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Modern culture is entranced with growth. It’s an addiction that’s completely out of control even though we know the consequences are washing over us like the building tsunami that they are. The growth imperative saturates not only economics and our material aspirations, but also spirituality. 

The sanctity of growth is so pervasive that panic ensues when growth slows down, and especially when growth goes negative. I can’t help noticing my personal inclinations implicated here as well, how devoted I am in my later years to what I name as growth, to whom I can yet be, the deepening of perspective, spiritual comfort, a continuous expansion into an evolving comprehension of life and doing the personal work of becoming worthy of the attribution of human. It’s a combination of learning, knowing, faith and loosely held certainties. Most of all, it’s become an ongoing inquiry into the mysteries of time, duration, the currency of living, aging, and death.

What’s also required in the personal growth space is uncertainty, not only a realization of what little is known, but an accommodation to what little I personally know and how I cling to what I claim to know. It’s a realization that the comfort of certainty, though always appealing, is a false security and that a willingness to continuously parse threads of belief and knowing are the primary components of a sustained orientation to openness. As if I must always leave room in the attic for something new, while also continuously choosing among the certainties I have for what can be re-examined or discarded. And besides, if I was to use the Mahayana as a guiding philosophy, much of what I name as “personal” growth is actually an excavation of our true nature, a mining project to unearth our innermost pristine, indestructible nature.

In the culture at large, a critical corollary of continuous growth is certainty. The culture is steeped in certainty, perpetually reinforcing its mythologies as certainties, hardening now into hyper-polarized camps. Whenever that certainty is threatened, either by scientific data, human experience, faith or religious belief, the response is invariably to arrogantly re-assert the inviolability of the primary mission of culture, the prevailing Story, even though that very certainty is destroying us.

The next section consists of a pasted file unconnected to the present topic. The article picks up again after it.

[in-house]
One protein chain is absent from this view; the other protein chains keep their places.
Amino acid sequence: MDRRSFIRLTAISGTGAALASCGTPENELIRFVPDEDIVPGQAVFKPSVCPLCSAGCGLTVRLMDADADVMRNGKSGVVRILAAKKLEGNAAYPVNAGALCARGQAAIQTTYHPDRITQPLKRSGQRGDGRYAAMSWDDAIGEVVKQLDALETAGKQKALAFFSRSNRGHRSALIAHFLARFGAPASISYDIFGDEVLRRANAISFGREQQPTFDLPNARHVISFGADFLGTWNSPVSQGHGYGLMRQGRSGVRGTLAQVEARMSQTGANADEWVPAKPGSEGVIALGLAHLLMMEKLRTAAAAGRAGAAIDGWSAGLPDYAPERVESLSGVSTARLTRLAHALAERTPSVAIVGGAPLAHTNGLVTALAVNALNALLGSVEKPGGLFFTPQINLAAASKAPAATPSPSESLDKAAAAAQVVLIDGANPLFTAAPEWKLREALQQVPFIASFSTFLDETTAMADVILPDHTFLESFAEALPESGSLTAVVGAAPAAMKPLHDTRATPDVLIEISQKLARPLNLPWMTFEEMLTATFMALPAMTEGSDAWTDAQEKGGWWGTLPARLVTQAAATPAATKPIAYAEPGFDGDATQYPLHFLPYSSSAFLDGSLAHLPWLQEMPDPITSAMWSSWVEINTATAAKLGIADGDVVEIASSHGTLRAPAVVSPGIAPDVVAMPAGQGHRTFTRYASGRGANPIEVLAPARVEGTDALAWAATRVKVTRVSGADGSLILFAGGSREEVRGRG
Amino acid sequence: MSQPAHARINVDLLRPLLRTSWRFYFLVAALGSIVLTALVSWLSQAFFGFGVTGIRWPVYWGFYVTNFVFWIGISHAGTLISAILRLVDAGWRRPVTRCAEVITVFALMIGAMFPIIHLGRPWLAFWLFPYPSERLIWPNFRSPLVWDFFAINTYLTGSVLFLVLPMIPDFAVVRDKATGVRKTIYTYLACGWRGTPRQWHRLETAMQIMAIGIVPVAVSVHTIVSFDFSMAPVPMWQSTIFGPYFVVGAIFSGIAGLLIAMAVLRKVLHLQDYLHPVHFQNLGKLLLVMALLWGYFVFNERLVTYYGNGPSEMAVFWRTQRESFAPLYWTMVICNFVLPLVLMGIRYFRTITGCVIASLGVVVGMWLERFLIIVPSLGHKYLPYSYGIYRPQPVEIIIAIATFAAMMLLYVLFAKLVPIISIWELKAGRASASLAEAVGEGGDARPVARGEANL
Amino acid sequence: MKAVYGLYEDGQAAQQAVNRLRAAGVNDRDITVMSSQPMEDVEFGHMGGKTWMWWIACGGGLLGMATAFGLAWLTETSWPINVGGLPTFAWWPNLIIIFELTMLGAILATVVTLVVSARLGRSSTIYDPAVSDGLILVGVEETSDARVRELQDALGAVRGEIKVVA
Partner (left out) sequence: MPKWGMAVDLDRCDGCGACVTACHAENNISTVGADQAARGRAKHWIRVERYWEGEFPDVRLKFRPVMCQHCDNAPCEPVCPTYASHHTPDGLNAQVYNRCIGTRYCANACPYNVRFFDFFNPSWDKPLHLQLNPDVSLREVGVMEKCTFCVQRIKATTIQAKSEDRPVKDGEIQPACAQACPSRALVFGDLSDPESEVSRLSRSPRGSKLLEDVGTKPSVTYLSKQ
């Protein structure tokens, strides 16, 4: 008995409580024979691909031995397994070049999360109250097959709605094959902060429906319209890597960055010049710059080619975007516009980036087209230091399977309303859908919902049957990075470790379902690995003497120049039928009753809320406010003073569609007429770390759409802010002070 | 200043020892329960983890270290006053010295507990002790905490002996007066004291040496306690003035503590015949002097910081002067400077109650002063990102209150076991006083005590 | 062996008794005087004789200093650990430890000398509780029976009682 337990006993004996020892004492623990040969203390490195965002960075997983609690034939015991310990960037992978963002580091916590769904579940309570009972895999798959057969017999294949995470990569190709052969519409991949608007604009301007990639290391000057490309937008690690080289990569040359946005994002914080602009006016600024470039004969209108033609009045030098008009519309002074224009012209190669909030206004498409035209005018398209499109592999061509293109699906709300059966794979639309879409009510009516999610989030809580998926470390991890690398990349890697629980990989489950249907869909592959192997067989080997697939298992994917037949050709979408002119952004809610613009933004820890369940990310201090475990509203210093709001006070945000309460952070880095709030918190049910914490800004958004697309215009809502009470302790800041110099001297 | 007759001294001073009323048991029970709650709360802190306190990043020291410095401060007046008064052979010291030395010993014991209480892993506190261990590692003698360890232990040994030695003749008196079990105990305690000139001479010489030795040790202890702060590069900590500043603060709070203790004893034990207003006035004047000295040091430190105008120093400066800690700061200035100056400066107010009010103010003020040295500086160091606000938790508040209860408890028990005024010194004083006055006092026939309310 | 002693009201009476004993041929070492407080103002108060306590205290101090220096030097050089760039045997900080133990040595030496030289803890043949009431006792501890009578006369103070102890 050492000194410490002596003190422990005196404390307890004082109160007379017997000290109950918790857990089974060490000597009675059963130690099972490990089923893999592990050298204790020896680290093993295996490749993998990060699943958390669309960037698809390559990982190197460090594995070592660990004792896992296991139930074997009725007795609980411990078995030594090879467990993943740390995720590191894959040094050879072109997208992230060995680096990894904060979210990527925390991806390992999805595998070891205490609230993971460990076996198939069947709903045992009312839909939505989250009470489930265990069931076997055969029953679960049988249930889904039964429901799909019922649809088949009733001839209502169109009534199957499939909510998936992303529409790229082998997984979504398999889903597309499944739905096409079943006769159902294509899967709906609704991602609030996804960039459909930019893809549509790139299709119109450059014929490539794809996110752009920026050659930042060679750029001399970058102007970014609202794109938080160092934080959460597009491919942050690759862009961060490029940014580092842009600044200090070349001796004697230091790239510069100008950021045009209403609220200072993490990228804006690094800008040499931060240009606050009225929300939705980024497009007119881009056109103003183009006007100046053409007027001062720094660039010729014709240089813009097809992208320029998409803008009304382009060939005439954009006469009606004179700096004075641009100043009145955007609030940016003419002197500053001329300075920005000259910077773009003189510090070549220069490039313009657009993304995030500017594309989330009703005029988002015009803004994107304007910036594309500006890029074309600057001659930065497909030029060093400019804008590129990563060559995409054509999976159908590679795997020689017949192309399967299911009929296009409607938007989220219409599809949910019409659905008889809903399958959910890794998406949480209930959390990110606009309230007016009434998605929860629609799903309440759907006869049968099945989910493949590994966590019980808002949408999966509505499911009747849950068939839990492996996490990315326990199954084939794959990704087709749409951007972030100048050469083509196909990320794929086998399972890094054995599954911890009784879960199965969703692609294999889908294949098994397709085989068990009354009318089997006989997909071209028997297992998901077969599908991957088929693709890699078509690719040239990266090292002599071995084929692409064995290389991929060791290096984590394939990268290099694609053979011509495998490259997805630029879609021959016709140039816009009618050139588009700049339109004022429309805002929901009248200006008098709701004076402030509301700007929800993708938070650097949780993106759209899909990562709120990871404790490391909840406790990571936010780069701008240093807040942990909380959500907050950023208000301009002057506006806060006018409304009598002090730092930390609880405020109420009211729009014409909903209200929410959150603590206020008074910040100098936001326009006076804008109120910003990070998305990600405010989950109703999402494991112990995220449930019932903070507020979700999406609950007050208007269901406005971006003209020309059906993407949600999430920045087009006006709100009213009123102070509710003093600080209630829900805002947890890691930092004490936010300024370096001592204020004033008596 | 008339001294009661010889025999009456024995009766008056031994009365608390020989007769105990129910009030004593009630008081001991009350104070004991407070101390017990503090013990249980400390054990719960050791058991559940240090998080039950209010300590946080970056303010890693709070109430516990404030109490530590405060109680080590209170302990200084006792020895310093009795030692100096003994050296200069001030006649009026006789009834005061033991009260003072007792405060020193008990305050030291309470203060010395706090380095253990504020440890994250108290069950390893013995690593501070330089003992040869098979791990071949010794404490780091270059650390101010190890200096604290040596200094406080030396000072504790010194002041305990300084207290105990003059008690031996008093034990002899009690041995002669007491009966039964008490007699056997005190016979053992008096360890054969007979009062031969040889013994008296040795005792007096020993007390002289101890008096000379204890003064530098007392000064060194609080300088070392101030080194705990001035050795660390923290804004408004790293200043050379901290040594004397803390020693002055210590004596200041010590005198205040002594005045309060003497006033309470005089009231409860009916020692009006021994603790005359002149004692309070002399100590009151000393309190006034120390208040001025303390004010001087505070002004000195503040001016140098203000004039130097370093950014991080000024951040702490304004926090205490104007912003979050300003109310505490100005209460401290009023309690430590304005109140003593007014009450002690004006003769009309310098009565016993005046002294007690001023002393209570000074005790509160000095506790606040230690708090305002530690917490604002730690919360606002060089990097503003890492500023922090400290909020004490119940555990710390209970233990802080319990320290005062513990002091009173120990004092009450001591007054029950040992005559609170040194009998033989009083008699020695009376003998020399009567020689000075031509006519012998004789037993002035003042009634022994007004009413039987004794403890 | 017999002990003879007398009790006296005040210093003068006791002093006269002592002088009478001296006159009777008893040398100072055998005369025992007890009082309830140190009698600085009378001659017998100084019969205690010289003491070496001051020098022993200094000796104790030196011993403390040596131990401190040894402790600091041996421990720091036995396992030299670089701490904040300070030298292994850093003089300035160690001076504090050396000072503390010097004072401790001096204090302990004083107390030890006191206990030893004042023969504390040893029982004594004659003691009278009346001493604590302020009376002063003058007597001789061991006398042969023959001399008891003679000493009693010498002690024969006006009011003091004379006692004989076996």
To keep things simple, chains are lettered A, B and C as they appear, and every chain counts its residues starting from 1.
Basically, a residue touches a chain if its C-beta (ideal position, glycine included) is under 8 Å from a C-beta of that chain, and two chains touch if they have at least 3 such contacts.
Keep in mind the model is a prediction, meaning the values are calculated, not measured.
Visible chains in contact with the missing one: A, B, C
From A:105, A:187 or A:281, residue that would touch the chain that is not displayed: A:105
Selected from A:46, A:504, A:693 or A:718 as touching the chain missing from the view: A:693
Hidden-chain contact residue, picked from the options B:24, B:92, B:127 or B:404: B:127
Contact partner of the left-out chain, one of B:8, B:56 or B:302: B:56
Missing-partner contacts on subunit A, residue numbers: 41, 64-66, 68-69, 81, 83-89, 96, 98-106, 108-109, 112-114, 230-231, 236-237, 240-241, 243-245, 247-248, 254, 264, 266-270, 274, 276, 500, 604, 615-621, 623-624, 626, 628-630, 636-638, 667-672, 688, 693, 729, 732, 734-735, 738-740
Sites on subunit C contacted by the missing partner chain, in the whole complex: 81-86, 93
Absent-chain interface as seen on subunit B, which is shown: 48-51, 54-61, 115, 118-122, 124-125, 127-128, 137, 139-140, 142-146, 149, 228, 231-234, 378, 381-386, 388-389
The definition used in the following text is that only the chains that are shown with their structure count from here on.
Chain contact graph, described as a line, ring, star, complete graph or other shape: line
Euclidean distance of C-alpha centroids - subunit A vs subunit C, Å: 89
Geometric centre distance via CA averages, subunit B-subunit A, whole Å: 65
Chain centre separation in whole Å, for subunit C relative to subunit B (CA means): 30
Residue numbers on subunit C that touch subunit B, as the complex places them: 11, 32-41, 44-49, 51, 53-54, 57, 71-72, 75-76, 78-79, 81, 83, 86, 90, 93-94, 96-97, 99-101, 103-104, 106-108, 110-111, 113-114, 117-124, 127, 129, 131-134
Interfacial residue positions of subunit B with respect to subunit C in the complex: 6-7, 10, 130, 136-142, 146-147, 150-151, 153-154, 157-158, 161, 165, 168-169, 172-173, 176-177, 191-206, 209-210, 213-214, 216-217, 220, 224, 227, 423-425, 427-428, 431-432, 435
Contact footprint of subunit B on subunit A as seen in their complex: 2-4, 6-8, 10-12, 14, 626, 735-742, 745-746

All around us, there is also the multi-billion-dollar enterprise in the past 50 years, what we know as the Personal Growth Industry. And here, as in the culture at large, are the same elements of the acquisitive orientation. More is better. Stephen Jenkinson and Paul Kingsnorth have each written about the deeply entrenched and unquenchable desire for more. The capitalist impulse is widely present in the monetization of the inner frontiers as in any other sector. And even though the premises of the industry are less certain, there is inherent danger in becoming entrenched in certainties about something as uncertain, as uncharted, as the human psyche. This pitfall is just as dangerous in the world of human improvement as in any other.

Economic growth has always been a form of taking, but has only recently become accumulation for its own sake. The identical character applied to inner journeys is what Chogyam Trungpa coined as spiritual materialism. Exploring at the edges of our inner wilderness is where we are truly tested. We can fall into the same trap of arrogance, applying ever more appealing rationalizations of the mysteries of life for the sake of ego gratification, and if one is sufficiently enterprising, monetize the entire experience as if it’s the most natural exercise one could imagine. This is a form of enclosure, a utilitarian, albeit satisfying, capture of our inner commons in parallel to what we see in the physical commons. This materialist model does penetrate the personal growth industry and some of the results are about as appealing as a strip mall. Or we can approach that wilderness with humility, care and patience, relying on time-tested spiritual sciences. There is immense benefit in shedding light into dark corners, exploring motivations, unconscious beliefs and hidden certainties that cause untold suffering and are driving us to the abyss.